‘Somebody That People Truly Believe’: Lightfoot Sees Victory in Chicago Mayoral Race

Some see Lightfoot as a woman, black and gay as a triple threat. Her priorities — public safety, schools and taxes “not being Rahm Emanuel isn’t enough, you have to somebody that people truly believe.”

Lori Lightfoot is ready to move from one of Mayor Rahm Emanuel’s problem solvers to one of his political opponents.

"This really is about Rahm Emanuel," she said Wednesday in an exclusive television interview with NBC 5. "Rahm Emanuel has a long record of public service, a long record."

Lightfoot has a record of public service too — she lead the Chicago Police Board — as well as the task force to examine police accountability after the Laquan McDonald shooting.

She hasn’t spoken to Emanuel since last August.

“He has no interest in my opinion about anything, but frankly in that regard, I’m no different than lots of people who could offer significant help on a range of issues,” she said.

Lightfoot was raised in Ohio, came from very modest means, earned a full ride to the University of Chicago Law School to become a federal prosecutor and is now a partner at Mayer Brown.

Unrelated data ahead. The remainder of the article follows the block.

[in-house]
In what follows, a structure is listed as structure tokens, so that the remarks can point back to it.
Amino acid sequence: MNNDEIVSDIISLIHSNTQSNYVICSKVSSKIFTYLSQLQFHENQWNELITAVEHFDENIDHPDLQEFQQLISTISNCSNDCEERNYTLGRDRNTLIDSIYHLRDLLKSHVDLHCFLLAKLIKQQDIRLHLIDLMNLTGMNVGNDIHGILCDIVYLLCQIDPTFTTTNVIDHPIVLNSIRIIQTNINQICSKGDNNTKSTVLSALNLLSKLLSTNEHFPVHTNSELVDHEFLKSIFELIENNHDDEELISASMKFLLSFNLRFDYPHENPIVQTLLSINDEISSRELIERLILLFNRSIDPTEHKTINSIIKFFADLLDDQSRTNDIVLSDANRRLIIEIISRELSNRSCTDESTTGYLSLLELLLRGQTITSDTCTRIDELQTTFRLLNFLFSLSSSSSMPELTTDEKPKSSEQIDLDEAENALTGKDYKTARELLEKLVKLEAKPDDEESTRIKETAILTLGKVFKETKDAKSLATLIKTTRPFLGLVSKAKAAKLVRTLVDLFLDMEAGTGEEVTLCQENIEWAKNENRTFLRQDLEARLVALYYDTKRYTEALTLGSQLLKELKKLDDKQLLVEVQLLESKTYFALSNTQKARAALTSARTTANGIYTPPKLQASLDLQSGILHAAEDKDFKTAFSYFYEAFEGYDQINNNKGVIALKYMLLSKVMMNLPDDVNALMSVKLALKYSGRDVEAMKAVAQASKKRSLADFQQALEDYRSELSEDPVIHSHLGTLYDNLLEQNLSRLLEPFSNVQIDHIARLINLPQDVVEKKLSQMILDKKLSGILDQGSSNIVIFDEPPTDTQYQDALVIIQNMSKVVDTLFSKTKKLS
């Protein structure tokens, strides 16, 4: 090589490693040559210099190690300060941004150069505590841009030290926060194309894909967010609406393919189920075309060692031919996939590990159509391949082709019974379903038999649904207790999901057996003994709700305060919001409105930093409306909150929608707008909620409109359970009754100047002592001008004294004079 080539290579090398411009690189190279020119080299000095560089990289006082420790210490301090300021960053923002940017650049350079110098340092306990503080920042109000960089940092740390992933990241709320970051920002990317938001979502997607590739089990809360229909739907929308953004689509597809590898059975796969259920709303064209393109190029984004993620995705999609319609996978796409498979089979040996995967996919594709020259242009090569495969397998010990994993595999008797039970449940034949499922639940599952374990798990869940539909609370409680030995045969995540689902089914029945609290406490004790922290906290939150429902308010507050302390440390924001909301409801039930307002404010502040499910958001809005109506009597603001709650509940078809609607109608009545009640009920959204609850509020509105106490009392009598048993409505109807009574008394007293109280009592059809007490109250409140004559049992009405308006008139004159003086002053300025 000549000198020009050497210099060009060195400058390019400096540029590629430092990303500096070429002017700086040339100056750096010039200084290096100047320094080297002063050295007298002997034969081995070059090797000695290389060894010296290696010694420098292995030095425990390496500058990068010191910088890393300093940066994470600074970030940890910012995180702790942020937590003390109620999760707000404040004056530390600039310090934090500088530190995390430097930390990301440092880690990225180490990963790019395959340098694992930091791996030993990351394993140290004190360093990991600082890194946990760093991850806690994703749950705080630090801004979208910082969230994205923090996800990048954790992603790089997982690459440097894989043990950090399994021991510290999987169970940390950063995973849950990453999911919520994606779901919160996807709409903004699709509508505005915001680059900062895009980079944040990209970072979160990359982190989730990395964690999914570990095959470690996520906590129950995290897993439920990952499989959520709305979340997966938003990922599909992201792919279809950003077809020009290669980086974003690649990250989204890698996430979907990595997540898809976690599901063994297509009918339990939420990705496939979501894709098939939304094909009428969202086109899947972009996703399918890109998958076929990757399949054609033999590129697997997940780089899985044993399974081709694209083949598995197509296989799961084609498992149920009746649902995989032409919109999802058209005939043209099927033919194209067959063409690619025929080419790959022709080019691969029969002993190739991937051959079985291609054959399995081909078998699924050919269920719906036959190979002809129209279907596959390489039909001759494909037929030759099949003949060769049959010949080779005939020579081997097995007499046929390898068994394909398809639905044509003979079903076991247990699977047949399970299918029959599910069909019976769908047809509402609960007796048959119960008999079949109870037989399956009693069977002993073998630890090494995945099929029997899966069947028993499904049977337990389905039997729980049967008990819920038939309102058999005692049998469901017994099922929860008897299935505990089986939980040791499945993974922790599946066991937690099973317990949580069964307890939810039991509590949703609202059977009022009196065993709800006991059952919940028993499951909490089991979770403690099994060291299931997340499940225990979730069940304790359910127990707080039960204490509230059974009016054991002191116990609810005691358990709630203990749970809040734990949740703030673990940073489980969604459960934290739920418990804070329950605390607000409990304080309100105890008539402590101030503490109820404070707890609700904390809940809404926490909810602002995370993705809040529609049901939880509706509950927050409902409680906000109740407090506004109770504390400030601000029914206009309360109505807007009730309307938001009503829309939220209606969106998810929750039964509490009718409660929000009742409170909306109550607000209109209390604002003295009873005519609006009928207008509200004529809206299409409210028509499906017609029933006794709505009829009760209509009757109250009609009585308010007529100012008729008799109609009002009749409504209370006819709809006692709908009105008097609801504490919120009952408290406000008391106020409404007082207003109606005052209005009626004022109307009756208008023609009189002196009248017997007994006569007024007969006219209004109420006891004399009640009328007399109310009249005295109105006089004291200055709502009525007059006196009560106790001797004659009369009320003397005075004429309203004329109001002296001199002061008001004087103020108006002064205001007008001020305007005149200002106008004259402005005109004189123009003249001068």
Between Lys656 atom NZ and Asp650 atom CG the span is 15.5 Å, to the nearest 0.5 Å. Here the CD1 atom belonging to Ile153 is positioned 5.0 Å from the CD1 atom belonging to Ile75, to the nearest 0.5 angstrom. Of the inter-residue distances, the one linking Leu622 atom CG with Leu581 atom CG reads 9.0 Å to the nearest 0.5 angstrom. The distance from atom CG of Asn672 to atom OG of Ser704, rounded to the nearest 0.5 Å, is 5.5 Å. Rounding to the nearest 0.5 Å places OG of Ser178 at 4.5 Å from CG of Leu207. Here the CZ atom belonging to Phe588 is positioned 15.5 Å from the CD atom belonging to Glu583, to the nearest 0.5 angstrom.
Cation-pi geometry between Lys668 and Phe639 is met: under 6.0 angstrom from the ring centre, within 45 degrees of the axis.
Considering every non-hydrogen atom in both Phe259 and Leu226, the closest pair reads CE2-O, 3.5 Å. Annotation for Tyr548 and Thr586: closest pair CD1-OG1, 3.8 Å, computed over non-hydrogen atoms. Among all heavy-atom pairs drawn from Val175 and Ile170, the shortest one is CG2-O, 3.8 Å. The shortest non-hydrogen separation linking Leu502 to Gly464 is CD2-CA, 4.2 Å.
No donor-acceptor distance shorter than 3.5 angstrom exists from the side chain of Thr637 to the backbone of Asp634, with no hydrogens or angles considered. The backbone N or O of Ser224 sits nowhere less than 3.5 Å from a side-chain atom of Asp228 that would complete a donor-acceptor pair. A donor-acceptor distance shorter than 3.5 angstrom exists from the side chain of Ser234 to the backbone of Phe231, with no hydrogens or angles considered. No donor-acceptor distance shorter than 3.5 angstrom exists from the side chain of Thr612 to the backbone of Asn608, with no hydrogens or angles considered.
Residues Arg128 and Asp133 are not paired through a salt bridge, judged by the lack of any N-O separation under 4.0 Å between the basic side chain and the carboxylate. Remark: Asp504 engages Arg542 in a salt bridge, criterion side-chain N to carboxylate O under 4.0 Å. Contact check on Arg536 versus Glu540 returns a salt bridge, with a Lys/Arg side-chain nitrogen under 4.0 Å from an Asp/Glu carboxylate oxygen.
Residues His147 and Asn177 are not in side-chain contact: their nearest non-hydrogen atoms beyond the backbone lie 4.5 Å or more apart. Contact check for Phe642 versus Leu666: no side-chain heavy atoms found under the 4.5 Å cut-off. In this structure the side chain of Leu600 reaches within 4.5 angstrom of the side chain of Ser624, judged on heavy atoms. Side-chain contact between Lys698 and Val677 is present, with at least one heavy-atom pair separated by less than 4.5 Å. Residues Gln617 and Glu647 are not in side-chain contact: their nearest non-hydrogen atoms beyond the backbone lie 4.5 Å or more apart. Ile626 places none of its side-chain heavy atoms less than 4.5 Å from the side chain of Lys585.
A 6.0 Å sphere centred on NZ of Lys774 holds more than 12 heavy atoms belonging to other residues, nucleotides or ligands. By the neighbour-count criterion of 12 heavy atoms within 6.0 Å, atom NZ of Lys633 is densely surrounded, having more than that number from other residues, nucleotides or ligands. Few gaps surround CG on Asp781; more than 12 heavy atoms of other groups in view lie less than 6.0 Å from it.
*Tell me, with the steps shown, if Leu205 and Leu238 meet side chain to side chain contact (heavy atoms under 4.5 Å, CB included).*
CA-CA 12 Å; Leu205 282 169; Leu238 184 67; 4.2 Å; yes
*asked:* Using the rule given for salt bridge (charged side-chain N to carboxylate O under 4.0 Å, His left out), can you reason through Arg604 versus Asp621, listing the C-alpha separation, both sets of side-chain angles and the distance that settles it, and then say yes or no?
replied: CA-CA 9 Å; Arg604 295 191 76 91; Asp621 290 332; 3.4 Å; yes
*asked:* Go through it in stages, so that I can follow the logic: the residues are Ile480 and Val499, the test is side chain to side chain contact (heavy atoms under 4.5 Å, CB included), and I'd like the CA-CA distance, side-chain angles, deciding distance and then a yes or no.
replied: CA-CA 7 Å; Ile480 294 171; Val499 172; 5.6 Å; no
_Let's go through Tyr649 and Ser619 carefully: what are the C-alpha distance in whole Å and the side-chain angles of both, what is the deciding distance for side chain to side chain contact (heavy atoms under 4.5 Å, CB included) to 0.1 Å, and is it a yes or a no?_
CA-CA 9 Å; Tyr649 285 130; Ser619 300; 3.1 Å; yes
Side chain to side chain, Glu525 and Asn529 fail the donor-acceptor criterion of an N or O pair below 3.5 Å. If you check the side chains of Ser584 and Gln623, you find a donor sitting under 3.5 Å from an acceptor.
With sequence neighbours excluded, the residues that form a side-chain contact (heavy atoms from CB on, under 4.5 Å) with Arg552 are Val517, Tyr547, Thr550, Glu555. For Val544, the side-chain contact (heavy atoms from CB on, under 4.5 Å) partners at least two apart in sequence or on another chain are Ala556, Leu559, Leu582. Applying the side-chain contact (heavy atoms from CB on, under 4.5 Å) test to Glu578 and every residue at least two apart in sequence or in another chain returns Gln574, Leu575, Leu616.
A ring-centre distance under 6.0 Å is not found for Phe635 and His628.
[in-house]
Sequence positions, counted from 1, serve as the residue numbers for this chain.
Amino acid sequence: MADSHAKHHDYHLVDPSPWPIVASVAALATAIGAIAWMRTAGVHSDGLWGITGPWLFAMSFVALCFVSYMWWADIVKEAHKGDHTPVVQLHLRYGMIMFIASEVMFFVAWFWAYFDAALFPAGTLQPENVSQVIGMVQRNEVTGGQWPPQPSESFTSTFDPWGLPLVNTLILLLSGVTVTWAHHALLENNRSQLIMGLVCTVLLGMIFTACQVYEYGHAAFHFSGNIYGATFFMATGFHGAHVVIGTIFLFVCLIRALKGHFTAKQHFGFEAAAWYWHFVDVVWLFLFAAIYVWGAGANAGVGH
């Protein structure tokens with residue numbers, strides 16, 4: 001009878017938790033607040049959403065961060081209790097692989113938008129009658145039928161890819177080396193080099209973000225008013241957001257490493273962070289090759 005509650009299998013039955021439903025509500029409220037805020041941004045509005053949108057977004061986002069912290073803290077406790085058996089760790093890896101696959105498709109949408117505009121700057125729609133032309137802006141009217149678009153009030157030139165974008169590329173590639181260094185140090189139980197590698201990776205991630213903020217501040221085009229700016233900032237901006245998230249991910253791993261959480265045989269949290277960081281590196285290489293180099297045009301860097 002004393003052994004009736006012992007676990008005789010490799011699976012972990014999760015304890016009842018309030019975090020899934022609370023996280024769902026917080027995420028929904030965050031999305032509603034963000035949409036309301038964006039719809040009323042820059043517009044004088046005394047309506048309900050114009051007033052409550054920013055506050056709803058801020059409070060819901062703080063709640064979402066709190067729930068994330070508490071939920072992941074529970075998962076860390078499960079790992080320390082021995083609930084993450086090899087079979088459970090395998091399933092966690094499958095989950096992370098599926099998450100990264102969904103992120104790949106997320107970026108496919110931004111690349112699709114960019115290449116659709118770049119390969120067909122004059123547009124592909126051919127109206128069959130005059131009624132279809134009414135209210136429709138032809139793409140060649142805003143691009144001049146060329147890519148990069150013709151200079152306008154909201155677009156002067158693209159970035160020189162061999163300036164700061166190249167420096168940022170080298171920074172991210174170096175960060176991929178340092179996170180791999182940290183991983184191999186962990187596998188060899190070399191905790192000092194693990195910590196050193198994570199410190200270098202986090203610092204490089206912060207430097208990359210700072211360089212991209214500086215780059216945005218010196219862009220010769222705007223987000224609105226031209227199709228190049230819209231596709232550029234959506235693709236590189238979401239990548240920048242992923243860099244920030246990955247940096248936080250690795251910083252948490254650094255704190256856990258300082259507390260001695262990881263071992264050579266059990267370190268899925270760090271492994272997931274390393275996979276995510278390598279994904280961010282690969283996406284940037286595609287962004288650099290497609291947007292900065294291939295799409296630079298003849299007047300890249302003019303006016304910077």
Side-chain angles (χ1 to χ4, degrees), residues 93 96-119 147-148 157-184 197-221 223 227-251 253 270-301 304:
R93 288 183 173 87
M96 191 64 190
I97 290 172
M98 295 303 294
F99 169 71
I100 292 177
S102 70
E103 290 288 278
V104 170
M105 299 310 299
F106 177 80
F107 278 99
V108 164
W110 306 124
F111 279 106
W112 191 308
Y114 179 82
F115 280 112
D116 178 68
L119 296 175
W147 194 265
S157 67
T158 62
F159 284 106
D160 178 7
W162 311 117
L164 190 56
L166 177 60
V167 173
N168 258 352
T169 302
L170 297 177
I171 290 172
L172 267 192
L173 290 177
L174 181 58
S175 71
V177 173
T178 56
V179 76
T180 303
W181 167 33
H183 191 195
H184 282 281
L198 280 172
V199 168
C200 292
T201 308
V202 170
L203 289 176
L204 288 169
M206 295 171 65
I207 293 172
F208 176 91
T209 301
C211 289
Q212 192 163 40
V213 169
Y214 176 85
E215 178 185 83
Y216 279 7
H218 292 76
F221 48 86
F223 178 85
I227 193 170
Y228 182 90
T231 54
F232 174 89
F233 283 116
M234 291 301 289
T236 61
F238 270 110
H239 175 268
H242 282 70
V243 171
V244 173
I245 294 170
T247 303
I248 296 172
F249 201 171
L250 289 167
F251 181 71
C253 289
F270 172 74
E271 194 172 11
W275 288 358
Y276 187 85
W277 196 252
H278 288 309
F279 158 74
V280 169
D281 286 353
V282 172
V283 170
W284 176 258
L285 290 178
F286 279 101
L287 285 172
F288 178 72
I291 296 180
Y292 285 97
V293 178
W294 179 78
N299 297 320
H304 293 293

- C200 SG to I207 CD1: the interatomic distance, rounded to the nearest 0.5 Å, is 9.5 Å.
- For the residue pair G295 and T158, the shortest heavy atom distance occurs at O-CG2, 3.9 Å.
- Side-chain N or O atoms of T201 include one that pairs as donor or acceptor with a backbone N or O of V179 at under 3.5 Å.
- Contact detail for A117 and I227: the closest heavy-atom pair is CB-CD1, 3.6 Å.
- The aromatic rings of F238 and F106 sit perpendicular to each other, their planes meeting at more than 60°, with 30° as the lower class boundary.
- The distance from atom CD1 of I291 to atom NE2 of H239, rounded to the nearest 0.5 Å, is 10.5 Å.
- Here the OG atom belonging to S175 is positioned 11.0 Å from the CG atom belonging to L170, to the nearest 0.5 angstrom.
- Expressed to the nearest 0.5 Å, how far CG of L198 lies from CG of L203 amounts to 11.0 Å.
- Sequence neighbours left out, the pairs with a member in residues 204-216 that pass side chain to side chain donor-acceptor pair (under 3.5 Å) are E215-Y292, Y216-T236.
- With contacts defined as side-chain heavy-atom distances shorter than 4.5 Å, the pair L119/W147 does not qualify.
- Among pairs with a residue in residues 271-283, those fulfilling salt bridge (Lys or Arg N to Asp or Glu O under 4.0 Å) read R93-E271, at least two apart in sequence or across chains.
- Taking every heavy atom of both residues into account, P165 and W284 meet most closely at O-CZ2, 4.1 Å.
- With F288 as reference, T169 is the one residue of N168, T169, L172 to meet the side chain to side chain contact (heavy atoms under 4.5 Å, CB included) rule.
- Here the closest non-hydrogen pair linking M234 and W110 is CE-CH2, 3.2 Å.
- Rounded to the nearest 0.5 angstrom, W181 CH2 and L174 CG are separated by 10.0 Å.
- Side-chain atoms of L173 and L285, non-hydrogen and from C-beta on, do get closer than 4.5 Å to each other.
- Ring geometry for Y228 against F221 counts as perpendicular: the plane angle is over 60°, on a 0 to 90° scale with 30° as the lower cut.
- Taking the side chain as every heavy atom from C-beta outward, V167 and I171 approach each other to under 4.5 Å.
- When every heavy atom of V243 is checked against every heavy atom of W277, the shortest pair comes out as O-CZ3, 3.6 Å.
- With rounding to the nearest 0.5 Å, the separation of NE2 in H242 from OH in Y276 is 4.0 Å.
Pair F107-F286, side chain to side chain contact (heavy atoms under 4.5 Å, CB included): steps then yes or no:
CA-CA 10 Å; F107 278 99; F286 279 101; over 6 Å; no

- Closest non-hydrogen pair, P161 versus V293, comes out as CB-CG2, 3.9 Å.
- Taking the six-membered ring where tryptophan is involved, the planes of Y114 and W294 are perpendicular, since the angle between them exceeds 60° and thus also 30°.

Emanuel’s campaign team notes when she was the lead on finding Garry McCarthy’s replacement as police superintendent, they say her choices fell flat and were ignored.

Lightfoot responds, it was a committee decision and “our city was up for grabs, he fired a police superintendent, the Department of Justice was starting a pattern and practice investigation--my colleagues and I on the police board had to beg people just to apply.” She also notes “we spent months pouring over records, working to check backgrounds, and we came up with three people, who by the way had a proven track record of integrity and excellence and independence.”

It’s a crowded field anxious to challenge Emanuel — besides Lightfoot — Garry McCarthy, Paul Vallas, Troy LaRaviere, Willie Wilson, Dorothy Brown, Neal Sales Griffin, and Ja'Mal Green. Cook County Commissioner Bridget Gainer is likely to join them.

Some see Lightfoot as a woman, black and gay as a triple threat. Her priorities — public safety, schools and taxes “not being Rahm Emanuel isn’t enough, you have to somebody that people truly believe.”

Lightfoot adds she expects Emanuel to raise record amounts of campaign funds, as he did in 2015 when he raised more than $24 million.

Still, she’s convinced she has a path to victory.

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